An inexplicably stunning showcase of developer free will and recursive division method puzzle coding that bellows an unmistakeable, courageous cry into the fierce altercation of defining what constitutes a "game".

Gomo, with an undeviating knack for atroit storytelling, remains the most stunning audio-visual I have encountered since availing myself to Steam. Interlaying plot and mechnical substance are the bread and butter of this concrete dissemination into the indie platform, an infrastructure which has gone from strength to strength since its establishment.

Before any other function, Fishcow Studio's "Gomo" remains in force a splendid narrative. An intimate character study, the effervescent relationship of political attitudes between a hound and its proprietor, and an irreplaceably joyful reunion that flourishes as the last flicker of hopefulness to overcome the oppression and destitutions of an extraterrestrial invasion all faithfully describe the title, each as naturalistically error-free as the genetics of the standard isometric-hexoctahedral diamond. Ergo, Gomo's only shortcoming seems to reflect upon its unforgivingly dense attitude. Can Michelangelo's "The Battle of the Centaurs" be sincerely appreciated and understood in a matter of meer hours as an effortlessly-elementary, offduty joe-boy? Is Nadir Alfonso's "Spoki" best appreciated on the scanty centimeters of one's consumer display? The answer is implied in its impossibility—but these are affairs of thought deemed innesential to the practicality of my review. Ergo, the influential aspects of Gomo's achievements frequently lie in its nearly imperceivable array of substance and meaning.

While primarily a mounmentally grand application of effective component-driven recounter of chronicles, short and imperative, again and again, Gomo holds upstandingly well as a puzzle piece, both from the trenchant creaks of the drawing board and in practice. Decadent, yet unforgivingly minimal and hollow, new-age strategies towards Pascal and Assembly-based game programming create an interwoven pattern of familiar convictions and challenging endeavors that ultimately cast a stronger framework for the heart-warming, carefree broth that is Gomo.

Principally, Gomo has expunged my prevailing interests and expectations, relaying the roads of my heart and brain with an indispensable appreciation for first-rate programming, graphical optimization, and fundamentally genius storytelling through the puzzle genre. All in all, I am left to promulgate the simple fact, that behind all of its never-ending intricacies and undulating passion for a cunning yet discrete product, Gomo is, quintessentially, a game.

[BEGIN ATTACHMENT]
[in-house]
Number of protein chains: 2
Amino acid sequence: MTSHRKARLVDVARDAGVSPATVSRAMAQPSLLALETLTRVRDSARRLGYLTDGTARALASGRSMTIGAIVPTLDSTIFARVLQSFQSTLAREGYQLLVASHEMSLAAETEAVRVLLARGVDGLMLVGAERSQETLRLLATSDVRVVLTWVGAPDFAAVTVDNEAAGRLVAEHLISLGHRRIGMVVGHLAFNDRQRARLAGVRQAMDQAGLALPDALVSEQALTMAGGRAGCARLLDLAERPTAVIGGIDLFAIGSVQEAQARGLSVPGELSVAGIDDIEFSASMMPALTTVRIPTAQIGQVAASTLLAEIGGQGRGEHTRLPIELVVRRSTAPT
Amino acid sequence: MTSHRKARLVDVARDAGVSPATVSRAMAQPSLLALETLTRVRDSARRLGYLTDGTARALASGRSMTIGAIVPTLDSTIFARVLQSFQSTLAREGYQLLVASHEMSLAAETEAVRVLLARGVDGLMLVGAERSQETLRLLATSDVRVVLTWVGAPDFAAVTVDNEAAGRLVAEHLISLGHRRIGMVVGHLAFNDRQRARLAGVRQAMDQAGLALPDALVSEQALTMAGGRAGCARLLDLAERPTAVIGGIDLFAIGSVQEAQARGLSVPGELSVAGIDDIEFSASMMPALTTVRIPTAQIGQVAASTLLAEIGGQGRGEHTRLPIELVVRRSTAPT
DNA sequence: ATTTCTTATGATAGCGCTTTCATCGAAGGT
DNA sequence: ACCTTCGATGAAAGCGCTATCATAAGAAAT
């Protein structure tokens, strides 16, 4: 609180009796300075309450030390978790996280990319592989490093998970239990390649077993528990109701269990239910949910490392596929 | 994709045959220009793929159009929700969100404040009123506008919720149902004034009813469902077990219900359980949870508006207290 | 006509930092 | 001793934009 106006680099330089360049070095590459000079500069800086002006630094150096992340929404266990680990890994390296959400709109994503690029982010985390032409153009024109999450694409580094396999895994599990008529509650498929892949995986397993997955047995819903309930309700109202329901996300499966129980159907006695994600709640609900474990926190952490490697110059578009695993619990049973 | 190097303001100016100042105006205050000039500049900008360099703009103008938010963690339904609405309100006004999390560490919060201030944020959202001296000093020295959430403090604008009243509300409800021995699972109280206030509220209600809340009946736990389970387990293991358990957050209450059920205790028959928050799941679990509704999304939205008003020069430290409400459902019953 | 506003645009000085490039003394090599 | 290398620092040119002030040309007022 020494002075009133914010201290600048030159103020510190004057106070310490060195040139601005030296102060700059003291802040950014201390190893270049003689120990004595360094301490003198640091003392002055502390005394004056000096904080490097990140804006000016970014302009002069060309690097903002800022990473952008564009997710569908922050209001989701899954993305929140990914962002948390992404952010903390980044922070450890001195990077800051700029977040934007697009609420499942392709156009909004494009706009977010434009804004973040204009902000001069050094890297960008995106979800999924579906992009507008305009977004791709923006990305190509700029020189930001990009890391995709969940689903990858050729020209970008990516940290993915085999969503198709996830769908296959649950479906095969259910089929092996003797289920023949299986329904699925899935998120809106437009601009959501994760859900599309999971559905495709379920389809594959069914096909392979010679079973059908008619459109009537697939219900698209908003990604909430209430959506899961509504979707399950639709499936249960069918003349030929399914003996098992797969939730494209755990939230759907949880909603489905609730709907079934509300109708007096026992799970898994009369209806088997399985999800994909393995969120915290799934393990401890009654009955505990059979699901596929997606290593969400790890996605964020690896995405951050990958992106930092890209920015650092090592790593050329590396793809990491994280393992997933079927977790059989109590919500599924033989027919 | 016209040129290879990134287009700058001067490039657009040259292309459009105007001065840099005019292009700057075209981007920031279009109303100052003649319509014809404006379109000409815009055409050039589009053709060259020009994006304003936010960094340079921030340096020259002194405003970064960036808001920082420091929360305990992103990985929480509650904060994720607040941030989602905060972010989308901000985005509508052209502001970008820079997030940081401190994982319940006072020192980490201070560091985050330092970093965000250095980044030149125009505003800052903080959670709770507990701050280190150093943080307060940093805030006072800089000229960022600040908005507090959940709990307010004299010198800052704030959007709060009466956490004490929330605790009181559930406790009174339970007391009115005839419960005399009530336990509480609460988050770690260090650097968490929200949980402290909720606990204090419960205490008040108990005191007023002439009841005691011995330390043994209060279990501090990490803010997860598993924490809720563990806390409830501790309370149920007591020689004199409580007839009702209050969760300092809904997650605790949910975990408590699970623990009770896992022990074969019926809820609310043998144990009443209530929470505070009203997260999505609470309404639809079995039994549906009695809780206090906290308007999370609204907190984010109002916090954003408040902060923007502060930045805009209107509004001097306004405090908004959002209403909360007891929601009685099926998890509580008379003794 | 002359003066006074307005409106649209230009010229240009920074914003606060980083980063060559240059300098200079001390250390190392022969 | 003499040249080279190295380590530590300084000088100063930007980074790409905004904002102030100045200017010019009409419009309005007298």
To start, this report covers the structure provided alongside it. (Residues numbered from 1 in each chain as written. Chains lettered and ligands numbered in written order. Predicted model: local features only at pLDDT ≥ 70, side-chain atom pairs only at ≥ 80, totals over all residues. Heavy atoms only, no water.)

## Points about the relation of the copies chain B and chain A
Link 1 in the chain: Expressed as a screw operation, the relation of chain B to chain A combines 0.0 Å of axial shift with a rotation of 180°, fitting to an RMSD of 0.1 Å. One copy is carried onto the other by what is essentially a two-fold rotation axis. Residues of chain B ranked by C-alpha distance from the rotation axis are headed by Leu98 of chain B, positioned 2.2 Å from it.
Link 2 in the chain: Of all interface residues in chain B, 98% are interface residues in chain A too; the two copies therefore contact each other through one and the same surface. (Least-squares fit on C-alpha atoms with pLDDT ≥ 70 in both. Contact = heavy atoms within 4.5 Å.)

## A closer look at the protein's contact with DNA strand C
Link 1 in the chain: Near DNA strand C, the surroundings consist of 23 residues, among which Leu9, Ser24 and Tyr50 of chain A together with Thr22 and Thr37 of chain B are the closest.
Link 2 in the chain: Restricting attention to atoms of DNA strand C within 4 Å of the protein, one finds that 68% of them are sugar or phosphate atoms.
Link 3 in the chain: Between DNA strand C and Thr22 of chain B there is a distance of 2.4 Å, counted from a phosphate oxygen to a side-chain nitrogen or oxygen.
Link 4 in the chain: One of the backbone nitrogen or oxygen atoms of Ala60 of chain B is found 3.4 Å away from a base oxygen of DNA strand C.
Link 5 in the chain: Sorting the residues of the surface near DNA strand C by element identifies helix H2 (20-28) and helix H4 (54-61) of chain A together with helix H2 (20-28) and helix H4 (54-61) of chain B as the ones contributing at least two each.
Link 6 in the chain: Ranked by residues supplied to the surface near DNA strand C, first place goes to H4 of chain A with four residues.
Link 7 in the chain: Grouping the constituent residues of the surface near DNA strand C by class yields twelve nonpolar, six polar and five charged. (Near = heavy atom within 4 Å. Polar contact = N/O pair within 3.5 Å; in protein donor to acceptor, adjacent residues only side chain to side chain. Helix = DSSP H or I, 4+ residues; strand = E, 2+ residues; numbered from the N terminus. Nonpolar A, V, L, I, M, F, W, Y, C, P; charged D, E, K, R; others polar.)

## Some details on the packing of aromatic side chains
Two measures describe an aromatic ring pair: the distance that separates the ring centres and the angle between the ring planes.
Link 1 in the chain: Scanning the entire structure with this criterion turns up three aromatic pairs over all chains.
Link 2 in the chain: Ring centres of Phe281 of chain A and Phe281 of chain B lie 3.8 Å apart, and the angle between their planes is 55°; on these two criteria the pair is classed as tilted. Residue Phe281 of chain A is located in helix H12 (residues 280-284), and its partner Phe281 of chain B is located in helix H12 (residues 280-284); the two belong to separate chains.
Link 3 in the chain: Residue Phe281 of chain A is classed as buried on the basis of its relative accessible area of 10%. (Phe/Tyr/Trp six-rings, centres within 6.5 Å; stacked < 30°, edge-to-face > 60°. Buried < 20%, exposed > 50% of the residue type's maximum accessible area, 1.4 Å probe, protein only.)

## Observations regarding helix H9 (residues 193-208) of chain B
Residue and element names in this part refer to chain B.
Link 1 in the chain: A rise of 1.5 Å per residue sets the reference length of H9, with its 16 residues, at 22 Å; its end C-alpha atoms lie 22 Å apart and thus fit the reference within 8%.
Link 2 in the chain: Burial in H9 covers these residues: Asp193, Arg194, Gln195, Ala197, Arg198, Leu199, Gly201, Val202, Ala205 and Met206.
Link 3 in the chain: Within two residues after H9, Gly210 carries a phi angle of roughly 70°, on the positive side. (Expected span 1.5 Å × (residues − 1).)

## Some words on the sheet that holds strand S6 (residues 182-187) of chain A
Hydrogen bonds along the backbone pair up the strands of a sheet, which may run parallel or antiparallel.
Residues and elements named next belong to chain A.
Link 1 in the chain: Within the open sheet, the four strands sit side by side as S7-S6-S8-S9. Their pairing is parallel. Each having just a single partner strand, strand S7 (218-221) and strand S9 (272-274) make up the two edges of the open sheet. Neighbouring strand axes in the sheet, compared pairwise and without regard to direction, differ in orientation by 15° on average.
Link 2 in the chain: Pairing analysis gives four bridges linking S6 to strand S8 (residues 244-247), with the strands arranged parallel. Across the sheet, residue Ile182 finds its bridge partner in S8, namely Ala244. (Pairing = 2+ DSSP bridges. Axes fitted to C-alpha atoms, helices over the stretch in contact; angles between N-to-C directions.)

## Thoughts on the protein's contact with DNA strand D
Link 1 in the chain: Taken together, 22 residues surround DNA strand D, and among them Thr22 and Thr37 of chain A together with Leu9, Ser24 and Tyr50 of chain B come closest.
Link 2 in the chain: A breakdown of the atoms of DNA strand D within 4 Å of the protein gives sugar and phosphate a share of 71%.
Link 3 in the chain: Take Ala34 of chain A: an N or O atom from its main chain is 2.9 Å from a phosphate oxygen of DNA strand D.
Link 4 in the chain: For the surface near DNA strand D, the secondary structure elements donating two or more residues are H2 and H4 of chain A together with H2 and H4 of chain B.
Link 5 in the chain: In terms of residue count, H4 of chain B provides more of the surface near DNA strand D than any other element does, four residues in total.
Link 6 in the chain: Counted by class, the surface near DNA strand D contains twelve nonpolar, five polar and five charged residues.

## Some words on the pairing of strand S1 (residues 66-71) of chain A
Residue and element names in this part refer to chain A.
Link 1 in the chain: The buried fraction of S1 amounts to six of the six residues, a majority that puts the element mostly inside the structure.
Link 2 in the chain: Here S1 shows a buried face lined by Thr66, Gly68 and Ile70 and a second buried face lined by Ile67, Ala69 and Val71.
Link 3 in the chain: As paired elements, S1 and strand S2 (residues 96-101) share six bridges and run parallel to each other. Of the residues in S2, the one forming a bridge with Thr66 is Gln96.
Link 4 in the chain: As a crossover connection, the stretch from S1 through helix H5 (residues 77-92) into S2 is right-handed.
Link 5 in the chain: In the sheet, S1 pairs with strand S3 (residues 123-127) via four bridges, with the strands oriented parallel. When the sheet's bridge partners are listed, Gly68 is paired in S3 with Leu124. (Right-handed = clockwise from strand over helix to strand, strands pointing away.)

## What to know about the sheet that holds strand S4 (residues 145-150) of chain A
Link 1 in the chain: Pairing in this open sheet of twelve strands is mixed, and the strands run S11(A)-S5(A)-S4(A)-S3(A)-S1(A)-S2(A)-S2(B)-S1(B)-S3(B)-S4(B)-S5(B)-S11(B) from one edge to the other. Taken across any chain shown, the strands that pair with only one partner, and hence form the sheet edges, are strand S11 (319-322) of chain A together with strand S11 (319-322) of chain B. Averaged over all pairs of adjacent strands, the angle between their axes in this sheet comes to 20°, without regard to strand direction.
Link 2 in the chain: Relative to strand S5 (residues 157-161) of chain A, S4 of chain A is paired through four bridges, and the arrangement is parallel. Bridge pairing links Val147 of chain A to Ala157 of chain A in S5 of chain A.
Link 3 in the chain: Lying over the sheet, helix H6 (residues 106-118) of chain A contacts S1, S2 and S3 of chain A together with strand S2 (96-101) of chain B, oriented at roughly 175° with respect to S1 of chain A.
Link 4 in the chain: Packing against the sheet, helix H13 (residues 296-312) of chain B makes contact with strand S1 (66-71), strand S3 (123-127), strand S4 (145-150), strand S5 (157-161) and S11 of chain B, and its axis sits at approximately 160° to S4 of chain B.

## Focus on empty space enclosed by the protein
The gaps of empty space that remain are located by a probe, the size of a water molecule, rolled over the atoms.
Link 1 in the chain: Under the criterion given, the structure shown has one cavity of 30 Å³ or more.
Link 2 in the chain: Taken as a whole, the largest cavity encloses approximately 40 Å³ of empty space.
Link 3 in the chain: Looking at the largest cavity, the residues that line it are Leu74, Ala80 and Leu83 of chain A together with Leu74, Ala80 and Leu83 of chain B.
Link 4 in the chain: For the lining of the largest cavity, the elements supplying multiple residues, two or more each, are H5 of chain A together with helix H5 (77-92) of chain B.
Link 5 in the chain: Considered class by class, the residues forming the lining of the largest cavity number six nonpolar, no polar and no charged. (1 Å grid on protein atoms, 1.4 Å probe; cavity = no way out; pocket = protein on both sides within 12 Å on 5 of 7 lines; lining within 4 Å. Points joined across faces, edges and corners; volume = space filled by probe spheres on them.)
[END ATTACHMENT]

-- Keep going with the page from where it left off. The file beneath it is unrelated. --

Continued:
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4 of 4 people (100%) found this review helpful
1.9 hrs on record
Posted: January 27
Simple and fun. I ran through the game to test it for my daughter. She will love it. The graphics are fun and the puzzles are not too difficult.
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2 of 2 people (100%) found this review helpful
1.3 hrs on record
Posted: April 19
Cute little game that made me giggle very often.
Strange but adorable graphics, self explanotry gameplay with clever puzzles.
Really like it.
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2 of 2 people (100%) found this review helpful
1.4 hrs on record
Posted: February 21
Daedalic has a very high standard for point-and-click adventure games but Gomo is very rare exception to this rule as it doesn't really live up to the Daedalic name. The puzzles are easy and all of your solutions are usually found within one frame from which it is also impossible to backtrack. The story doesn't exactly wow you either and the game is overall very short (I completed it in 81 minutes). All of these factors could only lead to a failing grade otherwise, but it is obvious that Gomo is marketed at young children aged 10 or under. It's a wonderful beginner game and if you can get Gomo bundled along with other games or at a very low price (under €5), then it's definitely worth a shot.